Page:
In my last post I mentioned that we live in a desert, by which I meant an actual desert, the Chihuahuan.

Soon we will be living in a consumer desert as well, if Herself has anything to say about it.

Her elder sister and niece have been earning some pocket money hawking items on eBay, and their enthusiasm for the activity has proven contagious. Herself has begun working our overgrown unused-goods orchard like an undocumented immigrant, plucking low-hanging fruit like her unworn Oakleys, my still-functional Flip UltraHD camcorder, and our fifth-generation iPods for sale to the slavering hordes of bargain hunters at large on the Innertubes.

She also required me to drag her old Cannondale R800 down to this weekend’s BikeABQ bike swap at Sport Systems, where the 23-year-old machine is certain to fetch dozens of dollars. If anyone in the vicinity needs a low-mileage, made-in-USA, 48cm road bike, this sucker is the last nickel bargain in America.

There’s all manner of crap cluttering up El Rancho Pendejo, and none of it is safe. Soon, if we’re not careful, we’ll be forced to go out and get … more stuff!

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20 Responses to “Unstuffed”

  1. Sharon Says:

    I agree, simple life is a happy life. But I must draw a line at old albums, cds and anything bike related. All other clutter must go…

    • Patrick O'Grady Says:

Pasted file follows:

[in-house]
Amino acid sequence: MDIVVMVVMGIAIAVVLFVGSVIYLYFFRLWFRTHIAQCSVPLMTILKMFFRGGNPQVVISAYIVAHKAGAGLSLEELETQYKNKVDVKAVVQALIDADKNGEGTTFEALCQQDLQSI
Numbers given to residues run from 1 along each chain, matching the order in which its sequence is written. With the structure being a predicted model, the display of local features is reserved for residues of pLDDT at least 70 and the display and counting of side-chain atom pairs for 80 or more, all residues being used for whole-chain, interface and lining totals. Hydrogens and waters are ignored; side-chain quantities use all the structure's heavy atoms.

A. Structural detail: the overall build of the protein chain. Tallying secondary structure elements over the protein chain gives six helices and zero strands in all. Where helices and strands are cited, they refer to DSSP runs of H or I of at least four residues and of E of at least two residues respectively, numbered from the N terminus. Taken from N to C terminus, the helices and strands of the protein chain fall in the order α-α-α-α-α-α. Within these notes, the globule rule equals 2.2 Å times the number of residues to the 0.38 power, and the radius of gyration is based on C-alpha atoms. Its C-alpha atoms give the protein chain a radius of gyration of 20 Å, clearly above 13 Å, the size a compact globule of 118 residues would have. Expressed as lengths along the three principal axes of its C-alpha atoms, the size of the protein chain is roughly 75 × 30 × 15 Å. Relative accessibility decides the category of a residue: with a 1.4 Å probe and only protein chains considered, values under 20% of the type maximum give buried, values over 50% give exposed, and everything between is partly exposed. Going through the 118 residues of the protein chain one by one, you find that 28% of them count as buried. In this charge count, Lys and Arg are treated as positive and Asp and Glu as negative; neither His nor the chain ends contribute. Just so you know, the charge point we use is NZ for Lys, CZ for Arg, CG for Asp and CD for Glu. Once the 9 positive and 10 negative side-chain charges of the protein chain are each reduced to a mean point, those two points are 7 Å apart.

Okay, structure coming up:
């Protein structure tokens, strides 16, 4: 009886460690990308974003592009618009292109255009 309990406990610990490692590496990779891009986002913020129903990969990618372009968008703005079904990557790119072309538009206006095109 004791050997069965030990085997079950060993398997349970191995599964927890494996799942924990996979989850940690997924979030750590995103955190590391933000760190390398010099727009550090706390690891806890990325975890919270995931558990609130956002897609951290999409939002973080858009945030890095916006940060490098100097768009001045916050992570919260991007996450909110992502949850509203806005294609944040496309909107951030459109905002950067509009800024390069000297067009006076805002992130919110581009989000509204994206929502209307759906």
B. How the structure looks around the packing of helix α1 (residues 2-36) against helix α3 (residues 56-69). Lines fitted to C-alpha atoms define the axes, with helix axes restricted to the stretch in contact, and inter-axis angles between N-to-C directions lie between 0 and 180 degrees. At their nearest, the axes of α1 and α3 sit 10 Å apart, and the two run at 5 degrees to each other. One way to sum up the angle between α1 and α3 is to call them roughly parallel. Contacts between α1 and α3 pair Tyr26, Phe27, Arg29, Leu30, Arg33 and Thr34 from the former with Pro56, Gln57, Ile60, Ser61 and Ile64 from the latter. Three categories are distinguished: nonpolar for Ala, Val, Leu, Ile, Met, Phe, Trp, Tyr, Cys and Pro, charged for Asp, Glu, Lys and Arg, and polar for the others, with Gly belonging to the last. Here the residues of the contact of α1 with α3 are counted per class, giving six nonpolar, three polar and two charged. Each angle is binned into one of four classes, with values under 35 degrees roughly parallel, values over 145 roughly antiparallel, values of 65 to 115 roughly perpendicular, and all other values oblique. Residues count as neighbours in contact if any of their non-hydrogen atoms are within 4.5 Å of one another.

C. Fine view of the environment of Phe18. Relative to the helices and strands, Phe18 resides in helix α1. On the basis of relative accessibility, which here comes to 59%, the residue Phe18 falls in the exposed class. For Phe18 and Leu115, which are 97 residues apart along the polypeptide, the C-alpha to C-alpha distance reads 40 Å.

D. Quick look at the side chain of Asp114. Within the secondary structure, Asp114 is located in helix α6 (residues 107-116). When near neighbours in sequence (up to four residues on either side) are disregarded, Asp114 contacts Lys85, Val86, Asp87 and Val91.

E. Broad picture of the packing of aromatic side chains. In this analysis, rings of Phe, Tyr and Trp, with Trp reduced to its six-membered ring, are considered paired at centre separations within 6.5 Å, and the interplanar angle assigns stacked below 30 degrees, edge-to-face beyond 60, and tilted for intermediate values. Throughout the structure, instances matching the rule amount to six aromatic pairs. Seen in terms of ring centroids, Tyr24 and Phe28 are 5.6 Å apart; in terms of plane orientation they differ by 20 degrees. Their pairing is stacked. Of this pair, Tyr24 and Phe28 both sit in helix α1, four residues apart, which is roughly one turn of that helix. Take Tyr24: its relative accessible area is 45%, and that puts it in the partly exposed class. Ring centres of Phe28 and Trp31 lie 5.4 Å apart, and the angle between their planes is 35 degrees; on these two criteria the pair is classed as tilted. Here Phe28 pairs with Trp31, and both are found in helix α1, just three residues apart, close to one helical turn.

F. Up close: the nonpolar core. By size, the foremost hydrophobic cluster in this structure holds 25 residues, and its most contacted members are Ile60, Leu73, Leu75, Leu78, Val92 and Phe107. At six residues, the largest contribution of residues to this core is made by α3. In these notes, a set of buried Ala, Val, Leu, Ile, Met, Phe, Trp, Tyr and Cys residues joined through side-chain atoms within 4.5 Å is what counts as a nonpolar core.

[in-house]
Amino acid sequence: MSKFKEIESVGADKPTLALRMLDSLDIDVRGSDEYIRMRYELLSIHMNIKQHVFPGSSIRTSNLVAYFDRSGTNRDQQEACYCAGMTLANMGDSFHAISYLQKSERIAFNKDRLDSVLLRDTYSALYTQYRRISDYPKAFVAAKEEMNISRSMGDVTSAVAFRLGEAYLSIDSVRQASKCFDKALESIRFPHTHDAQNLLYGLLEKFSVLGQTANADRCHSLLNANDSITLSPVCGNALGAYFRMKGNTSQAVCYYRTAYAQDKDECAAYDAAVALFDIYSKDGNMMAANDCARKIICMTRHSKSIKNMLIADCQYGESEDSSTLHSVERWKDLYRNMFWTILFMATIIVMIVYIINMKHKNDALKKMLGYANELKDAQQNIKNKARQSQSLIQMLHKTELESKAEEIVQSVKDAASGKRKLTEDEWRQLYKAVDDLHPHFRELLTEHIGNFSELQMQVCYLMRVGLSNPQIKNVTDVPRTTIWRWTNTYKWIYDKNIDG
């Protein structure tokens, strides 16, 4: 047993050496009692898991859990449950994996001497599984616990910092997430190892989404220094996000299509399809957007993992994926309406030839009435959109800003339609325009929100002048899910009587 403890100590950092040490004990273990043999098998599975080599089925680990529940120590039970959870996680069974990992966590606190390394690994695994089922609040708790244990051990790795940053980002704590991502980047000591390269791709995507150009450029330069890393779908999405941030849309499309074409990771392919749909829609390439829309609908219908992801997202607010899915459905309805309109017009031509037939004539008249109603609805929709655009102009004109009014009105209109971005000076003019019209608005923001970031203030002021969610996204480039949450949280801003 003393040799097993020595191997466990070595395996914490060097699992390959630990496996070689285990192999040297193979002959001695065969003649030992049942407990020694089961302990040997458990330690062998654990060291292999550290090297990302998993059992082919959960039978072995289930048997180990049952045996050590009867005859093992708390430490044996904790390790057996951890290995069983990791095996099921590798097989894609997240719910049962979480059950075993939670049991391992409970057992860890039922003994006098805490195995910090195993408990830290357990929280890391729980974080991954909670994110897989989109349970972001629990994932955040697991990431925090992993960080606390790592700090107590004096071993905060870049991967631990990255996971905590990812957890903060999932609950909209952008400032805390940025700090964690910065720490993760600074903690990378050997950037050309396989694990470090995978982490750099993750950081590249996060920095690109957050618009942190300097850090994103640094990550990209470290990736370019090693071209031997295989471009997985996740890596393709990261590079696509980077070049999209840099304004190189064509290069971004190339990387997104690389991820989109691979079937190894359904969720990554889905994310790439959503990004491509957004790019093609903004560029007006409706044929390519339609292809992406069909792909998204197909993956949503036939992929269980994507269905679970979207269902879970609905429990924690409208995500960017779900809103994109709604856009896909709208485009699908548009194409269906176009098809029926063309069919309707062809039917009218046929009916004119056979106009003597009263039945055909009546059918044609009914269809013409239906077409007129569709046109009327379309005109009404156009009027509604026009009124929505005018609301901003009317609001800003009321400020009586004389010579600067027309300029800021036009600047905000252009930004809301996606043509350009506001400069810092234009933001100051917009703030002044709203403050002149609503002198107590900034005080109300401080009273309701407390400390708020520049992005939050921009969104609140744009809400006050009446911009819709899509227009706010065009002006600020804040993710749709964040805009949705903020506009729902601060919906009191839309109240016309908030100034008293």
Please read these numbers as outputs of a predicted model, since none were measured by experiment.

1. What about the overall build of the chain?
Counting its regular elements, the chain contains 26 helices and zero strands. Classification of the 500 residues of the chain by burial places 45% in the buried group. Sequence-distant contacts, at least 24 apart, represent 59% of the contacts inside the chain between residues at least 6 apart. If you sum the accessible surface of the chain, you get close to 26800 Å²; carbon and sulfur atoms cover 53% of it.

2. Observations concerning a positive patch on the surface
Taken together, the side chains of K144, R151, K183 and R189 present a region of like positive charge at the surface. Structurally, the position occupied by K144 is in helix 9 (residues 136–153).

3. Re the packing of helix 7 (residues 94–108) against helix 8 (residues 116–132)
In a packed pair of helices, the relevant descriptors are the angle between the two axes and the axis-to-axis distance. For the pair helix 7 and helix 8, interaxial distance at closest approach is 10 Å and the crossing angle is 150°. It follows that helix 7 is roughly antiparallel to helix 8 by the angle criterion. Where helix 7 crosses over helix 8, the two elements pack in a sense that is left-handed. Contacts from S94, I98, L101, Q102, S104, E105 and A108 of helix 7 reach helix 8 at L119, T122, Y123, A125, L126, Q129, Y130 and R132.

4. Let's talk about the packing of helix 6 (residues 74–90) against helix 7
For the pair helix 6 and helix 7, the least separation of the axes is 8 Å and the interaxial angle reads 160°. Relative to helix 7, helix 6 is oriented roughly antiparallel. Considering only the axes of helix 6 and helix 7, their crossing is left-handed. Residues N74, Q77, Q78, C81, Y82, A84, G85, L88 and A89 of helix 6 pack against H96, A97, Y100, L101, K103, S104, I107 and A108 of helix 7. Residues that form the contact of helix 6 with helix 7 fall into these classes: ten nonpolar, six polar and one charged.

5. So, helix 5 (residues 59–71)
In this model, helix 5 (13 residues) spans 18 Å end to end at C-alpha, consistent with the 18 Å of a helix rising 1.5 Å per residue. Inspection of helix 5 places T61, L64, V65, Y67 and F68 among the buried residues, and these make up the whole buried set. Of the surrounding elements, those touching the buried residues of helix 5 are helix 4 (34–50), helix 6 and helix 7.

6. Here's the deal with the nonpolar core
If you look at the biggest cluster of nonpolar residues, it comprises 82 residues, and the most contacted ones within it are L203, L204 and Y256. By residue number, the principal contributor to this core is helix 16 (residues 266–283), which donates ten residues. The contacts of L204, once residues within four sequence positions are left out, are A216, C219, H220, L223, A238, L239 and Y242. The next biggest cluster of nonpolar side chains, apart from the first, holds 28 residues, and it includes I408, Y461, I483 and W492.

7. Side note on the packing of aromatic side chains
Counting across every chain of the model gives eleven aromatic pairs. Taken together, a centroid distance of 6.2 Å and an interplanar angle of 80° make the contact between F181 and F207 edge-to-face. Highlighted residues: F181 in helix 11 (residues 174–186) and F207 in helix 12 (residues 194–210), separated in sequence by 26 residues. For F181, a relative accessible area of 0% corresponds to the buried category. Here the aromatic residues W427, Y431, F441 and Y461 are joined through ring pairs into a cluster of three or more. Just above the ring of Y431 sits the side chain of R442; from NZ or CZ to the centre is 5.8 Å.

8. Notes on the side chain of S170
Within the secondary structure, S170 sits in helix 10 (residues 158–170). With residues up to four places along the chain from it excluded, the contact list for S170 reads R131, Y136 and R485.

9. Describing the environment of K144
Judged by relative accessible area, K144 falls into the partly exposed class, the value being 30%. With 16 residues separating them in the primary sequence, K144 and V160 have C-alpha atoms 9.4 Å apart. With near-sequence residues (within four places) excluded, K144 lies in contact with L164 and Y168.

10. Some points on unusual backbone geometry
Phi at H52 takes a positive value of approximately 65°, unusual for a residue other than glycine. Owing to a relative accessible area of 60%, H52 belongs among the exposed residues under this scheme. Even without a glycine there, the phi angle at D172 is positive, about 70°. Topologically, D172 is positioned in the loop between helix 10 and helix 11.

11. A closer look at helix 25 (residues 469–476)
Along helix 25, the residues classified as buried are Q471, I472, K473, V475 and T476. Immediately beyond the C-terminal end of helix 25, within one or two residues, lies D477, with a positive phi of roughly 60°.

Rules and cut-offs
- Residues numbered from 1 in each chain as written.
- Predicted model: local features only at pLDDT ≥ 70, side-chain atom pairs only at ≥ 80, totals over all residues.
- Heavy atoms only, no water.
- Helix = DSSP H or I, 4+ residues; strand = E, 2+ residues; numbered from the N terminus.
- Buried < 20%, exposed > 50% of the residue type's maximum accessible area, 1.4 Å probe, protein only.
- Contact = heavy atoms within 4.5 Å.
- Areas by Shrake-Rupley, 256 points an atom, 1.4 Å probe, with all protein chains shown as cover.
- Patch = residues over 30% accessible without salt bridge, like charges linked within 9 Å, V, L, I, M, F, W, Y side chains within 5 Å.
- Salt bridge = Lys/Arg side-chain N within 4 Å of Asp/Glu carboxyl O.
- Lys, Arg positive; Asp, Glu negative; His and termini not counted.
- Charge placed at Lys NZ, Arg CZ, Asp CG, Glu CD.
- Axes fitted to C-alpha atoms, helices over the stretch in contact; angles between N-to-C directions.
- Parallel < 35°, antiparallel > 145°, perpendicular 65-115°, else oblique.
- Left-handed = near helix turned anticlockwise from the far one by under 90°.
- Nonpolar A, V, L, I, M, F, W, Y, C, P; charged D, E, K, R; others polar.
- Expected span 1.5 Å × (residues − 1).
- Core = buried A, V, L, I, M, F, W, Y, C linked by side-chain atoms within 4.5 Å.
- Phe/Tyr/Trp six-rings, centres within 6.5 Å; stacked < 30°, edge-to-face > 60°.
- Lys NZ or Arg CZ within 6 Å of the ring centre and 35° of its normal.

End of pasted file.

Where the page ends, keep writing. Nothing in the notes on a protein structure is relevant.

The trick is to avoid stuff acquisition. But this is a toughie.

      This bike swap is gonna be nuts. I was there about 10 minutes after check-in started and the place was already packed with folks on a mission to clear out their closets, spare rooms, basements and garages.

  2. Pat O'Brien Says:

    Bike swaps are dangerous for me, especially big ones like the GABA Swap in Tucson. The constant danger is coming back with more stuff than you took. Our little swap meet, held in our LBS parking lot, is safer. Most folks are getting rid of things I am not interested in.

    • Patrick O'Grady Says:

      That’s one of the reasons I quit going to VeloSwap, Pat. Plus the drive was a horrible pain in the ass.

      This looks like it could be fairly substantial, Albuquerque being the big city round these parts. One dude was hoping to unload six bikes. He must not have the fever the way I do.

      I could probably do without my Steelman time-trial bike, which I rarely ride — but it’s a Steelman! I know the guy who built it. It would be like throwing a bro’ off the ice floe as the polar bears close in.